Examining Restaurant Menu Calorie Counts
When restaurant menu calorie counts were proposed in New York City, quite a hubbub resulted. The restaurant industry sued. A president-elect of the Obesity Society resigned because he made the political mistake of asserting very publicly that the move might do no good or even cause harm.
Now it’s been five years since these rules have taken effect, and many other authorities have implemented similar rules. That would include the federal government, which will require restaurants nationwide with more than 20 locations to include calorie counts on their menus by 2014. Starbucks is implementing restaurant menu calorie counts this week. McDonald’s already has.
Five years into this experiment, we still don’t have compelling evidence that it’s caused people to change their eating habits in restaurants.
A study just published Friday in Preventing Chronic Disease concludes that “that menu labeling has thus far not affected the average nutritional content of fast-food menu items.” It’s worth noting that one of the authors is Margo Wootan of the Center for Science in the Public Interest. Wootan ranks among the strongest advocates you can find for restaurant menu calorie counts.
And while we’re dwelling on bad news about restaurant calorie labeling, we may as well mention that it’s not 100% accurate. Consumer Reports recently published an analysis that found some problems. The biggest problem? Portion sizes can vary all over the place. But still, they concluded, “Nutrition numbers from chain restaurants were generally accurate in our tests.”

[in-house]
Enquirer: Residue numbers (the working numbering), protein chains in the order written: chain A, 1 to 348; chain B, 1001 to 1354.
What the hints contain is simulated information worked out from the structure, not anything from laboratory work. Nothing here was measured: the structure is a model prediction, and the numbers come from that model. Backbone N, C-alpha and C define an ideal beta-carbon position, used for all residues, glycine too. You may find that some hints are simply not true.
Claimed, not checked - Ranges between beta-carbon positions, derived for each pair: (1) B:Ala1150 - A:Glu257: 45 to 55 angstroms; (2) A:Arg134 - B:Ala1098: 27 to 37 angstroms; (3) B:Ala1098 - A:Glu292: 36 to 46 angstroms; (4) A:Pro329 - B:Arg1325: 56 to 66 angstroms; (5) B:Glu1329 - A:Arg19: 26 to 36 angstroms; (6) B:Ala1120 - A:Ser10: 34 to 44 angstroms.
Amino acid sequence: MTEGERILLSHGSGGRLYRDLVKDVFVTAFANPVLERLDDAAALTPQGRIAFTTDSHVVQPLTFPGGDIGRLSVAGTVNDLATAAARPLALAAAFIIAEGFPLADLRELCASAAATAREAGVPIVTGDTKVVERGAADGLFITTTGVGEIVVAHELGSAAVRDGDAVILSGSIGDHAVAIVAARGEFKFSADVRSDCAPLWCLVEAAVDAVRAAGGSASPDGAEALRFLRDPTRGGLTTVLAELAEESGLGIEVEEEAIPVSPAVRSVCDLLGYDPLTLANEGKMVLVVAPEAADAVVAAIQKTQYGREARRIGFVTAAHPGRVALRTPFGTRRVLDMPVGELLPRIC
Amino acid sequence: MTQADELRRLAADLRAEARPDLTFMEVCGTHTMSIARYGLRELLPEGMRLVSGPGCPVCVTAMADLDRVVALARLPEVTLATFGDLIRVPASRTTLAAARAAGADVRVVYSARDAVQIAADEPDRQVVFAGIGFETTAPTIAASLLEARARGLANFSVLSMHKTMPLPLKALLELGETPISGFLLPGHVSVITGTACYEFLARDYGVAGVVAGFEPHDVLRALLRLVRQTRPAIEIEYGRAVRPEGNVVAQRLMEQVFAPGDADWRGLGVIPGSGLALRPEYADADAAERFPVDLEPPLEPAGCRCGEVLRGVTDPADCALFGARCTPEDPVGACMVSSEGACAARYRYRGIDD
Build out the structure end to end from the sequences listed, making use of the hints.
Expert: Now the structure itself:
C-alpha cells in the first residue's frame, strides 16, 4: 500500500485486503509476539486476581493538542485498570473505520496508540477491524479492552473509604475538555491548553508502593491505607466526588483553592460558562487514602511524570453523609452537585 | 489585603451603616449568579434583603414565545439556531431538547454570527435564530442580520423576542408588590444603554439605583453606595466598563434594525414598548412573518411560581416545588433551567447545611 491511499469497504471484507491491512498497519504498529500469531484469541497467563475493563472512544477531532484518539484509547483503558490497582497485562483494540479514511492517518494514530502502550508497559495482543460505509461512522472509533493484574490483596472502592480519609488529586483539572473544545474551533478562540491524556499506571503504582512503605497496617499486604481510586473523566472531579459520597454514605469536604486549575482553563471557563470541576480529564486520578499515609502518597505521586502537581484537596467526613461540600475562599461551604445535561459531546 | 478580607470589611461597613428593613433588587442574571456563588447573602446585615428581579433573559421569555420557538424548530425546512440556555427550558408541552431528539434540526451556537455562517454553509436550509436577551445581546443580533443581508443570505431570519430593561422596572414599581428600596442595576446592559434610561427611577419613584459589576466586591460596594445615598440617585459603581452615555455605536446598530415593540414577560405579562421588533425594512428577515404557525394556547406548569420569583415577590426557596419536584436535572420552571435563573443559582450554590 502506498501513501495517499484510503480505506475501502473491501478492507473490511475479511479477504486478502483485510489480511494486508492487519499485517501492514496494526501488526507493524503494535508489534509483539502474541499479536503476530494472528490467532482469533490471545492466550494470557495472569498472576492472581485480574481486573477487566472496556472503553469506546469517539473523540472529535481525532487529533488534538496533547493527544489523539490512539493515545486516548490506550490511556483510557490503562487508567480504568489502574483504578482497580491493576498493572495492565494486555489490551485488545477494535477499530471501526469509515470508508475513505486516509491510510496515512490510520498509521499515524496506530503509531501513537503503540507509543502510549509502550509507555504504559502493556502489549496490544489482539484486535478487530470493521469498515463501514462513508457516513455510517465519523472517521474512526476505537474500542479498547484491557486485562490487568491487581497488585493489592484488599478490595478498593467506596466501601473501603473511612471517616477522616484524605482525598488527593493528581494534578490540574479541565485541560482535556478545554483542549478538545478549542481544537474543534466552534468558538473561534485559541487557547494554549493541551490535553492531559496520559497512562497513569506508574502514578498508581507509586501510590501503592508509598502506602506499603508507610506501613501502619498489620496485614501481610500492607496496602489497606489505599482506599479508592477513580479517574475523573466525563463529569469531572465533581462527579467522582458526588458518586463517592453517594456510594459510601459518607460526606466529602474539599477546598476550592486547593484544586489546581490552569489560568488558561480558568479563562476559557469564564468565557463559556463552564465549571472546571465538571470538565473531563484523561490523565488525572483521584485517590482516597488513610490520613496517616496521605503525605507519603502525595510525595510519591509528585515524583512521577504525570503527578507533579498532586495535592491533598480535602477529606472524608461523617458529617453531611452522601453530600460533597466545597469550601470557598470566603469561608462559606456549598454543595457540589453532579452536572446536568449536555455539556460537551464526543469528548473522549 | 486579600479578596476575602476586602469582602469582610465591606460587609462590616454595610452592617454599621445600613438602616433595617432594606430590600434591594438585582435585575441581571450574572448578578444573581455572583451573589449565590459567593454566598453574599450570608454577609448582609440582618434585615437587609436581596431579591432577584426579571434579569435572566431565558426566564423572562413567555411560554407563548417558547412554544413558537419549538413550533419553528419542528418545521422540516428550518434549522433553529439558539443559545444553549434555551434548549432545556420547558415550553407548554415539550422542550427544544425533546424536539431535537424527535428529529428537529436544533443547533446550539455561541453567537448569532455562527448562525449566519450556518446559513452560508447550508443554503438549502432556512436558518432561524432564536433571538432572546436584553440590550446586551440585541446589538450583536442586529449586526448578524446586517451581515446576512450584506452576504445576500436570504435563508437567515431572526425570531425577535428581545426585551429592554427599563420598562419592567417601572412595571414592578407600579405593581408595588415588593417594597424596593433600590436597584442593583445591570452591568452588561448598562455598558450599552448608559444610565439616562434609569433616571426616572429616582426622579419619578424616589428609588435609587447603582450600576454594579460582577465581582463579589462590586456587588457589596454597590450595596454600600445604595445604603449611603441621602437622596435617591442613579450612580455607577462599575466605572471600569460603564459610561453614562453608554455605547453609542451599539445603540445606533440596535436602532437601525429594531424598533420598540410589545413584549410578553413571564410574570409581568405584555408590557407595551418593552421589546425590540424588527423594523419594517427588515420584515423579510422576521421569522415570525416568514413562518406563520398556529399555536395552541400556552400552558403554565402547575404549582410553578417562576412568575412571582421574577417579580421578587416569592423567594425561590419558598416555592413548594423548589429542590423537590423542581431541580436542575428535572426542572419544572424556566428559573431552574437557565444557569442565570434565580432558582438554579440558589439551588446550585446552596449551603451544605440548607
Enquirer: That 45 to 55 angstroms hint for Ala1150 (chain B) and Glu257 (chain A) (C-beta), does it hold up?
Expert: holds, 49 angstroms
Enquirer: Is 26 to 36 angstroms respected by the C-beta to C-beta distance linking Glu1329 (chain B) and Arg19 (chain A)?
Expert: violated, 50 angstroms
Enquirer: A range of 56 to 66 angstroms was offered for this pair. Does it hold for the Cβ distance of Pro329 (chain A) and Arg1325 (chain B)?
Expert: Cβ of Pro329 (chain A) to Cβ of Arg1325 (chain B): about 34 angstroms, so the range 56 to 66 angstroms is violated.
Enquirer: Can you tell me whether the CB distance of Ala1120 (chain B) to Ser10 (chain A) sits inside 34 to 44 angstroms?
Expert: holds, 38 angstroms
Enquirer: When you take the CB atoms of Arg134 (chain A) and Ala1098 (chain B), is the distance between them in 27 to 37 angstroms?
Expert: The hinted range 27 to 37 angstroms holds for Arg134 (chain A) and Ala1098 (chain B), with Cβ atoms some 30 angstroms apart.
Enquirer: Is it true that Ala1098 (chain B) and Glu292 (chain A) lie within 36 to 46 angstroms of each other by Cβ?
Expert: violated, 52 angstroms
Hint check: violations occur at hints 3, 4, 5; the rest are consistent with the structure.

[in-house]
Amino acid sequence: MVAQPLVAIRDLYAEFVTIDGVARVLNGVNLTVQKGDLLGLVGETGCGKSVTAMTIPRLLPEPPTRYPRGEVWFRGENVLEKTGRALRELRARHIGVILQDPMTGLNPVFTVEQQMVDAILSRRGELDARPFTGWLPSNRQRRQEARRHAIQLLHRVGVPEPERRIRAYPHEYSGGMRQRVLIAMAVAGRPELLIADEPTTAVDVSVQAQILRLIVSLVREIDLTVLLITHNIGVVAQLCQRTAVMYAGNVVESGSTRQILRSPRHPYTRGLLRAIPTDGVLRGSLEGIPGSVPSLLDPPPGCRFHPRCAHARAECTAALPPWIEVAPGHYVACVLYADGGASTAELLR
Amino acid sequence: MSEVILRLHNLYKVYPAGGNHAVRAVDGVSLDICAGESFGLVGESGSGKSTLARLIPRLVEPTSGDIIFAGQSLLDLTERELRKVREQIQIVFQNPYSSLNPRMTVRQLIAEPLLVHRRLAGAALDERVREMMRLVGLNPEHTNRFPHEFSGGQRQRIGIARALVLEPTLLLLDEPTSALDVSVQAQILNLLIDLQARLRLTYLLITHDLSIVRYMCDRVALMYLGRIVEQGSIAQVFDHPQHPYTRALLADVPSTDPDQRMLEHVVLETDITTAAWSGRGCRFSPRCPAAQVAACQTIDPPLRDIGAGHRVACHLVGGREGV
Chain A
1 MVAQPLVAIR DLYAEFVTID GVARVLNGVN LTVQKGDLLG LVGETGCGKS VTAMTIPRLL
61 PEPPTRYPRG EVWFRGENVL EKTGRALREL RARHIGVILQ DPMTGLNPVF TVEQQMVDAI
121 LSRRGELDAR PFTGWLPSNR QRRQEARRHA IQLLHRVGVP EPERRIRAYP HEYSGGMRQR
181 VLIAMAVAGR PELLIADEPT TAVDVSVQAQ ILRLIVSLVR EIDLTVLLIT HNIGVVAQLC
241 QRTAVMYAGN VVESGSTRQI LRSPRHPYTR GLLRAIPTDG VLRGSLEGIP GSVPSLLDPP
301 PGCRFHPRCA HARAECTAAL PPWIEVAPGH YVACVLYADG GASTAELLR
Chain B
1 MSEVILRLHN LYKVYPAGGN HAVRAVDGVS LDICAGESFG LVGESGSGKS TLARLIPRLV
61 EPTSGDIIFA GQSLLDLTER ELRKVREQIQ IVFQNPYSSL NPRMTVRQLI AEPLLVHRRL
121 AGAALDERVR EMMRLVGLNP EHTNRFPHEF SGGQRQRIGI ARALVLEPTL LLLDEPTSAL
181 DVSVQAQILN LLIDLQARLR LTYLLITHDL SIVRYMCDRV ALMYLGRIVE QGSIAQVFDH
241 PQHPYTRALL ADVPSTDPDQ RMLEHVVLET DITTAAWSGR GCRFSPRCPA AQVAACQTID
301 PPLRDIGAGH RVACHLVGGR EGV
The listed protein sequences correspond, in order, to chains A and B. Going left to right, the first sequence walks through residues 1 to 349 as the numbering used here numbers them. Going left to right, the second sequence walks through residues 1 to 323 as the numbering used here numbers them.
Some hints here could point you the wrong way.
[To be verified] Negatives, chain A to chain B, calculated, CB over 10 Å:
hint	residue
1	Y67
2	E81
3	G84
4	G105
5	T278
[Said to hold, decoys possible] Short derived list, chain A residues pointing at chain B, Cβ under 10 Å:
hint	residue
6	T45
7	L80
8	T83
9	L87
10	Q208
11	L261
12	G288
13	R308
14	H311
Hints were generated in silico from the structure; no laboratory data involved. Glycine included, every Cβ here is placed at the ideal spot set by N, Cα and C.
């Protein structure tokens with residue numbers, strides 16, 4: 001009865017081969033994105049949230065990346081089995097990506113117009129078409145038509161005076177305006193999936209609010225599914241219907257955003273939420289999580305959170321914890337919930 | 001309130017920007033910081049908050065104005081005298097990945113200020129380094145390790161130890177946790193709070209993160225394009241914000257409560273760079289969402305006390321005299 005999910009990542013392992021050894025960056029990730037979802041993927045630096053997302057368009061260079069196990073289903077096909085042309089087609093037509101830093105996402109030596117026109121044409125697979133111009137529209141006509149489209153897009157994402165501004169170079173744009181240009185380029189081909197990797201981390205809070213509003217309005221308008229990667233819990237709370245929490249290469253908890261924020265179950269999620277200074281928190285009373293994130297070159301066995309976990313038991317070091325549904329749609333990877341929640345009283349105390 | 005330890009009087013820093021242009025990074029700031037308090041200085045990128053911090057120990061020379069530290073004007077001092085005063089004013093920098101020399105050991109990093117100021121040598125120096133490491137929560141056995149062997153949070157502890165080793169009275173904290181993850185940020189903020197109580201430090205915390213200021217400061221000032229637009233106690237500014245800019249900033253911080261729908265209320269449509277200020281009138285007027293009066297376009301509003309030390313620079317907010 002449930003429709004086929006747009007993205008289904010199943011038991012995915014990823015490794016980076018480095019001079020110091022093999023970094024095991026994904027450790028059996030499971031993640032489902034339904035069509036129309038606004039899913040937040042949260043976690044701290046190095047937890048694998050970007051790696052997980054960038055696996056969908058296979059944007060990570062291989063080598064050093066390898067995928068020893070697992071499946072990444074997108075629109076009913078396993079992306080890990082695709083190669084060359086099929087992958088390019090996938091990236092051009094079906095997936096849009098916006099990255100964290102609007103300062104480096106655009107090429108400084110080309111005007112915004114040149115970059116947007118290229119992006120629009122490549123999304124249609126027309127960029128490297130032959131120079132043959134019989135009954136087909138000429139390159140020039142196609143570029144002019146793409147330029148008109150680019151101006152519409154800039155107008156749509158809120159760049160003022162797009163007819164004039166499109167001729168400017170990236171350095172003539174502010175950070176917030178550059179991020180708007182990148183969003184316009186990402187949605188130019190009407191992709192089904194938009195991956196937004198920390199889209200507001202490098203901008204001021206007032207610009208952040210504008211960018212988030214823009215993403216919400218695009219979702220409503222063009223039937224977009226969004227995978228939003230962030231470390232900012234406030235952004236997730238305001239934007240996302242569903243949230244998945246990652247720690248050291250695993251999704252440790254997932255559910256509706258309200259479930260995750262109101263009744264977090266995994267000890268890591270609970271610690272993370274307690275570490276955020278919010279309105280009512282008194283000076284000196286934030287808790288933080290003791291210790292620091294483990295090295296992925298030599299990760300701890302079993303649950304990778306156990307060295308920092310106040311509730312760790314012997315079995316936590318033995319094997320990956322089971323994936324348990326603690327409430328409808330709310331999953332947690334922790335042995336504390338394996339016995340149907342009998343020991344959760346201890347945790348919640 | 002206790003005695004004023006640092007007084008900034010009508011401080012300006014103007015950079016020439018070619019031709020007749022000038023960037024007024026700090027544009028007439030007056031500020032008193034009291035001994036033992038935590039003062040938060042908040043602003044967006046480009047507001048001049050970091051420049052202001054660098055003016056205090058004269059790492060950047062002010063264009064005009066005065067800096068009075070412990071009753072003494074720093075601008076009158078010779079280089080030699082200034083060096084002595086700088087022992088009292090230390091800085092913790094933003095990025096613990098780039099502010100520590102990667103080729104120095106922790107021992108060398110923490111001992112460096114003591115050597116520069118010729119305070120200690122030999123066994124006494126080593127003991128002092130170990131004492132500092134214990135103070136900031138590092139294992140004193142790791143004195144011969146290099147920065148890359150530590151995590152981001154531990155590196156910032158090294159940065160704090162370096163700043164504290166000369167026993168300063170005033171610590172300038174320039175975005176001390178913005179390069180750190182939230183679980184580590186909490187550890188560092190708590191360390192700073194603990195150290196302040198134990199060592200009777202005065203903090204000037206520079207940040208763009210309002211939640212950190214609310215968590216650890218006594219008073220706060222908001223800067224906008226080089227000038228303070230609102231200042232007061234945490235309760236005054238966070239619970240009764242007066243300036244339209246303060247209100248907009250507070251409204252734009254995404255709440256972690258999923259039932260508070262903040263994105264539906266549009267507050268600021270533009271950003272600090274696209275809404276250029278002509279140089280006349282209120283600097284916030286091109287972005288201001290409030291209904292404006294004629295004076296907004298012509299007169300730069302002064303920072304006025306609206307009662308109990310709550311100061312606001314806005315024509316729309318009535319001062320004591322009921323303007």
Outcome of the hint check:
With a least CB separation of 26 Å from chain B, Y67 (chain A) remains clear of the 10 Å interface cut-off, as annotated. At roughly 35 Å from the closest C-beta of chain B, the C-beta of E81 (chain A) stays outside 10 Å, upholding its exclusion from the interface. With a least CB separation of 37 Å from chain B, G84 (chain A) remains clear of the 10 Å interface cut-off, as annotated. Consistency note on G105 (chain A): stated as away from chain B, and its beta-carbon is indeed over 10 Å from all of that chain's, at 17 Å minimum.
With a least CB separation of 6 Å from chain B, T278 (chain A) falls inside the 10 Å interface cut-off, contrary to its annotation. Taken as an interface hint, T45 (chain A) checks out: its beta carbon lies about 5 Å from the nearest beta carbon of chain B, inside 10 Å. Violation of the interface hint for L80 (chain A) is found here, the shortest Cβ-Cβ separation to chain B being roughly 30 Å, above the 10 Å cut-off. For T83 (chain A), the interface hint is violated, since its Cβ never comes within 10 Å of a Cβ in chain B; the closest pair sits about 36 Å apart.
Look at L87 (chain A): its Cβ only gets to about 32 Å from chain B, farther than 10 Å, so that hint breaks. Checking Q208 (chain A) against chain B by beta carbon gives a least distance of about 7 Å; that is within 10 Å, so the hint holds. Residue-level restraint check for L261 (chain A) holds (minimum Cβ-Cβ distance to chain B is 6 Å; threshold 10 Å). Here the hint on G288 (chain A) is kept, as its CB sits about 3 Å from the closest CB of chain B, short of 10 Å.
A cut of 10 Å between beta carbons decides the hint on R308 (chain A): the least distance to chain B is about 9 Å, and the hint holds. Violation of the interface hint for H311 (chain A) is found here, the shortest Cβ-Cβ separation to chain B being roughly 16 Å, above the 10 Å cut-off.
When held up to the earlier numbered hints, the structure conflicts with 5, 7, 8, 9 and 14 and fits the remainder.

So does this mean we’re down on restaurant menu calorie counts? Absolutely not. We want to know how many calories might be in what we’re ordering.
On the whole, we agree with New York Times columnist Frank Bruni, who titled his latest column, “Don’t Count on Calorie Counts.” We deserve good information, but it won’t solve all our problems.
Noemi Reading the Menu, photograph © Max Khokhlov / flickr
Subscribe by email to follow the accumulating evidence and observations that shape our view of health, obesity, and policy.